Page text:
Listen to the brightest minds in the field of economics and development discuss their latest research and deconstruct global economic trends. IMF Podcasts are also available on other digital platforms such as SpotifySoundCloudLibsyn, and free to use for broadcasters, educators and institutions. 

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Divya Kirti on the Economics of Climate Change

August 27, 2021

Insights from economics, and economic thinking have an important role to play in addressing climate change and mitigating its impact. (iStock by Getty Images/Alex Liew)

As climate change looms ever larger, most economists agree that a carbon tax would go a long way toward reducing emissions. But carbon taxes and related policies often face deep political constraints, and many are looking at sustainable investing as a way forward. Economist Divya Kirti is coauthor along with Dalya Elmalt and Deniz Igan of a working paper titled Limits to Private Climate Mitigation. In this podcast, Kirti talks about how such market forces could help make meaningful progress in addressing climate change.  Transcript

Read the paper

Divya Kirti is an Economist in the IMF Research Department.

What $650bn in SDRs Means for the Global Recovery

August 24, 2021

IMF's Ceyla Pazarbasioglu says SDRs will help build confidence and strengthen resilience but they are not a silver bullet. The allocation is part of a broader range of support measures that countries need to exit the crisis.

Special Drawing Rights (SDR) are international reserve assets and used as the accounting unit for IMF transactions with its member countries. Earlier this month, in a historic multilateral response to the pandemic, the IMF board of governors approved a new SDR allocation of $650 billion, the largest in the institution's history. Ceyla Pazarbasioglu heads the Strategy, Policy and Review Department at the IMF. In this podcast, she says the SDR allocation will go a long way toward helping vulnerable countries and minimize the dangerous divergence in recovery paths around the world. Transcript

Ceyla Pazarbasioglu is Director of the Strategy, Policy and Review Department.

Rohini Pande on Inclusion Economics

August 6, 2021

Rohini Pande says better institutions make life fairer.

Inclusion doesn't just happen; it takes policies that intentionally serve the very specific purpose of ensuring inclusion. That is the focus of Rohini Pande's work these days as the Director of Yale's Economic Growth Center. Pande is one of the most influential development economists of her generation, always looking for ways for the poor to increase their influence and claim their fair share of growth. In this podcast, Pande speaks with journalist Rhoda Metcalfe about how tackling poverty depends less on direct aid and more on creating effective democratic institutions so that vulnerable populations can push their representatives to implement redistributive policies.  Transcript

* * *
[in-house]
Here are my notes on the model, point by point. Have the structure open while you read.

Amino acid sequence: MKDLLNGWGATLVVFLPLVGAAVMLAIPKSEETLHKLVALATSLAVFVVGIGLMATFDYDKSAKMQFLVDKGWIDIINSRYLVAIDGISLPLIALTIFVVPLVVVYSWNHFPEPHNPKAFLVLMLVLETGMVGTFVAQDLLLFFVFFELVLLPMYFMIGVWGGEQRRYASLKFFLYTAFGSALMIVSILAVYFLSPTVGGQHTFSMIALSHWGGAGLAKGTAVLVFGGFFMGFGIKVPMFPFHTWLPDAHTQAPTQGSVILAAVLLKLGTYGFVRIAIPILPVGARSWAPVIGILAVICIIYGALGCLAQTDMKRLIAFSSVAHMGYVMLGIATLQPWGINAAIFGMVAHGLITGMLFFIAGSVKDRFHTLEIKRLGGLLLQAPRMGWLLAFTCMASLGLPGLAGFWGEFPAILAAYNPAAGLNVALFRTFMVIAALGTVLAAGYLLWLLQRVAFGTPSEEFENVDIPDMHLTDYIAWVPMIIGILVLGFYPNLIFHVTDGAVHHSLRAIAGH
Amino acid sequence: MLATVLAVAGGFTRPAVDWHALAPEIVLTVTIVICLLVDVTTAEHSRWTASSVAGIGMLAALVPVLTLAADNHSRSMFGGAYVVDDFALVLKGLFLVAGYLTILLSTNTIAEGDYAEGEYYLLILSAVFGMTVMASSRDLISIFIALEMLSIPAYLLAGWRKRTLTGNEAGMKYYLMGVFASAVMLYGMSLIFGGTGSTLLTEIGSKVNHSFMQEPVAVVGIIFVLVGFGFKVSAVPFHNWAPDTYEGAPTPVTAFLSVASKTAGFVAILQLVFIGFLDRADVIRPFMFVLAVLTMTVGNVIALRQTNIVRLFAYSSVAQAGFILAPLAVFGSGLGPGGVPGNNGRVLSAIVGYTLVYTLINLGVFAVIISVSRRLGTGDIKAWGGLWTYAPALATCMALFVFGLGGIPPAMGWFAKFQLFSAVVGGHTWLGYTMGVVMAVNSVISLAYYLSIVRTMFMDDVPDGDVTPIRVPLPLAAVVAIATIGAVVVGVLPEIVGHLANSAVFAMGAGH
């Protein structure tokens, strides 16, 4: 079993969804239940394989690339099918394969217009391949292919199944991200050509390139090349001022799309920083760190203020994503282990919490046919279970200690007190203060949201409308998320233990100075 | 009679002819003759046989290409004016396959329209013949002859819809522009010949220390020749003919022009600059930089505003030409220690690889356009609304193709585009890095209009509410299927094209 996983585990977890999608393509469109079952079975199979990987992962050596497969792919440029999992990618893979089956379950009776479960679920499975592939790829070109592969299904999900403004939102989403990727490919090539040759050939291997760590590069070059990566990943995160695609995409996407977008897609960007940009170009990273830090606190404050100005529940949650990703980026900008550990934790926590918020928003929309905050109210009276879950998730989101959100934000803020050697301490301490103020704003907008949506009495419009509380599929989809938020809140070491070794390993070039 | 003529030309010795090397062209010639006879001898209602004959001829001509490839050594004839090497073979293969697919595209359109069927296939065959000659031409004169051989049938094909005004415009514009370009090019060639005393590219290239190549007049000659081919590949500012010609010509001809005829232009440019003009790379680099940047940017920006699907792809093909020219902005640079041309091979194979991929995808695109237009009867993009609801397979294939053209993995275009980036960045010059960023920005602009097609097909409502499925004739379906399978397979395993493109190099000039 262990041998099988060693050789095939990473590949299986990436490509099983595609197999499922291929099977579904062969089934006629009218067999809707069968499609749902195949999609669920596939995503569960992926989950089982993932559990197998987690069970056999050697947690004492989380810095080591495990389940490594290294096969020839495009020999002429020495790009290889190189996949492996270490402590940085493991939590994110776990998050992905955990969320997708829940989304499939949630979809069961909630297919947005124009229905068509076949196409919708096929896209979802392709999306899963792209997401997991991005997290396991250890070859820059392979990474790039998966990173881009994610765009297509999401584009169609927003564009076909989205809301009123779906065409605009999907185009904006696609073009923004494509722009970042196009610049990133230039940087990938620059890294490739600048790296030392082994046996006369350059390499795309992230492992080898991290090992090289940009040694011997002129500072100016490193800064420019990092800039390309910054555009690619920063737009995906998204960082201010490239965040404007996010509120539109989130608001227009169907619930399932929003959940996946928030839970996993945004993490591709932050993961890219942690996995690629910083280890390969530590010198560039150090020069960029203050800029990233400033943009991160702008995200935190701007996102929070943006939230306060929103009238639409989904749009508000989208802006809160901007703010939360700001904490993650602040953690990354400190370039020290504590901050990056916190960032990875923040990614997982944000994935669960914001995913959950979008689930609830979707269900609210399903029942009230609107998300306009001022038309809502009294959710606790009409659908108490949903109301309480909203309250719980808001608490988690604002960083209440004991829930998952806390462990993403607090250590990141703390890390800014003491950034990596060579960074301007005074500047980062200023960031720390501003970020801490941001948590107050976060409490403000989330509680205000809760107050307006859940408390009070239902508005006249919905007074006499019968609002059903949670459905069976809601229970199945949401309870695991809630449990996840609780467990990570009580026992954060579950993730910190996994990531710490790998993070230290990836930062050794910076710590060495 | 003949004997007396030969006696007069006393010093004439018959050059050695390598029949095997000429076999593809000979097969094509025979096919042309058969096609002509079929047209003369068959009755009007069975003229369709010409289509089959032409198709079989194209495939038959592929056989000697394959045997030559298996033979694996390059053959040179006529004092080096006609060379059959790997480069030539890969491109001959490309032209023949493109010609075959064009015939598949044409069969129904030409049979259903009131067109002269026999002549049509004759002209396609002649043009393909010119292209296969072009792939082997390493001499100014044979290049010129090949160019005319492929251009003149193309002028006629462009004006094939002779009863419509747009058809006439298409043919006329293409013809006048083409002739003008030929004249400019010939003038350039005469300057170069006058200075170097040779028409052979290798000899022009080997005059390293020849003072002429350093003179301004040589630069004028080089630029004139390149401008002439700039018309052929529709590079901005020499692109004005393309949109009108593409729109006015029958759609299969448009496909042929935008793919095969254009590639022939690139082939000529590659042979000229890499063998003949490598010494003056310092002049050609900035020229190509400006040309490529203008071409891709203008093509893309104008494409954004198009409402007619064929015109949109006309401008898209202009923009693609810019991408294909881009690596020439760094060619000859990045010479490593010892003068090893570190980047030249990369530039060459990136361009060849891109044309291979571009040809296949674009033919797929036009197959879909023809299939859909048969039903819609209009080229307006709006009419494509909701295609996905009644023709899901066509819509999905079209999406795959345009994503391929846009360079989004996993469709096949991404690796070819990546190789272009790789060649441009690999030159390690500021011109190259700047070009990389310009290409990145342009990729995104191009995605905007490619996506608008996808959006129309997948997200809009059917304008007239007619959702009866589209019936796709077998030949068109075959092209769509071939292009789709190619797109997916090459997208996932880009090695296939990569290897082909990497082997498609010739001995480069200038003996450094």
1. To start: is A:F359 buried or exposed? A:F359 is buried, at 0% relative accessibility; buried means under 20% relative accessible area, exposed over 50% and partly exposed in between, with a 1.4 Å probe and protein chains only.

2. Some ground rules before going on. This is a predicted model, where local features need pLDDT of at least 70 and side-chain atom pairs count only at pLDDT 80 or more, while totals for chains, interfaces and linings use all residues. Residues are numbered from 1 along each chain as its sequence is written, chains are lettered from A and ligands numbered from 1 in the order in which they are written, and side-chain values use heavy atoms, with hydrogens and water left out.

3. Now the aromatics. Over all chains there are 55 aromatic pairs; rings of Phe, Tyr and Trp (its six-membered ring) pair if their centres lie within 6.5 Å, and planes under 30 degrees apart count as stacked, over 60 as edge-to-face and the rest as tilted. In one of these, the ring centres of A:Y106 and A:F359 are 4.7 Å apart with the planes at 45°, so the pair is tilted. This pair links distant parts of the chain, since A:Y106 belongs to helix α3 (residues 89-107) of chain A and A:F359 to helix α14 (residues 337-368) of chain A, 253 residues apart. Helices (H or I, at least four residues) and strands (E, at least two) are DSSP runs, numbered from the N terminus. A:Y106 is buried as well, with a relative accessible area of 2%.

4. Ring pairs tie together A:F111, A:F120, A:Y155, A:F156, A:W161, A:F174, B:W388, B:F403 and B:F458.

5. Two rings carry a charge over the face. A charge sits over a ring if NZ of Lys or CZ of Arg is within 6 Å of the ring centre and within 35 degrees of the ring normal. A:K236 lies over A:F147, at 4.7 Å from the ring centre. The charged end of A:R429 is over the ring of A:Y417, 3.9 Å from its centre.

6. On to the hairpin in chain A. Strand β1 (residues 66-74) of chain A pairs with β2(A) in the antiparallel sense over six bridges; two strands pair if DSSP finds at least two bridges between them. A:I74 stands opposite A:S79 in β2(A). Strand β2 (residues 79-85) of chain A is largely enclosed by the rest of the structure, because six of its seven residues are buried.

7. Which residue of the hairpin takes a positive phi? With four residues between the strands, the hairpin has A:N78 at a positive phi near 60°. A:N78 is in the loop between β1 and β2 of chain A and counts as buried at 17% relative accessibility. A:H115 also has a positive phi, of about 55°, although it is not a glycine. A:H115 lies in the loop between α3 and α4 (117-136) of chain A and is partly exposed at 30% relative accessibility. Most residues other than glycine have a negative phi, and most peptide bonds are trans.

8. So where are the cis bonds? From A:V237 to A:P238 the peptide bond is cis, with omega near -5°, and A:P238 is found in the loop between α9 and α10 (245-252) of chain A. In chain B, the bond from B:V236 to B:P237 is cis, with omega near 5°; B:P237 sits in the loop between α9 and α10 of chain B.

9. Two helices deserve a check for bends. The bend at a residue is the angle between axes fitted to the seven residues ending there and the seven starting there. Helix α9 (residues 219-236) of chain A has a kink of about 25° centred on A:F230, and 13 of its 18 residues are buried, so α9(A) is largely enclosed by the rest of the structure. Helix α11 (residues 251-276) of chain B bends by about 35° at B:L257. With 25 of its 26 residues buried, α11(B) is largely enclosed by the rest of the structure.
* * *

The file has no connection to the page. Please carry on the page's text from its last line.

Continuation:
Read the profile in Finance and Development

Rohini Pande is Professor of Economics at Yale University and Director of the Economic Growth Center.

The Global Informal Workforce: Priorities for Inclusive Growth

July 29, 2021

The informal economy is usually defined as business activities by unregistered firms, but it also includes activities by registered firms that are concealed from authorities. (iStock by Getty Images/AfricaImages)

60 percent of the working-age population worldwide operates in the informal sector. A new book titled The Global Informal Workforce, Priorities for Inclusive Growth uses IMF research to study the causes and effects of the high levels of informality in economies across the globe. The book covers interactions between the informal economy, labor and product markets, gender equality, fiscal institutions and outcomes, social protection, and financial inclusion. In this podcast, co-editors Corinne Deléchat and Leandro Medina say the pandemic has exposed the vulnerabilities of the informal workforce. Transcript

The book is available at

Corinne Deléchat is a Division Chief in the IMF African Department and leads the team for Senegal, and Leandro Medina is a Senior Economist in the Strategy, Policy and Review Department.

Oral Williams: How Technical Assistance Translates into Better Lives

July 15, 2021

Technical assistance raises tax revenues, which means more money for social programs. (iStock by Getty Images/greenaperature)

Capacity development is one of the IMF's best-kept secrets. Strong institutions are key to a country's long-term development, and a third of the IMF's operating budget goes toward helping governments build the institutional capacity they need to fulfill their development goals. Oral Williams heads the IMF Regional Capacity Development Center for Anglophone West Africa and is coauthor with economists Ralph Chami and Elorm Darkey of a study that shows a direct relationship between technical assistance and the improvement in tax revenues. In this podcast, Williams says providing technical assistance and training to governments means better living standards for more people. Transcript

Read the research 

Oral Williams is Director of the IMF Technical Assistance Center in Accra, Ghana.

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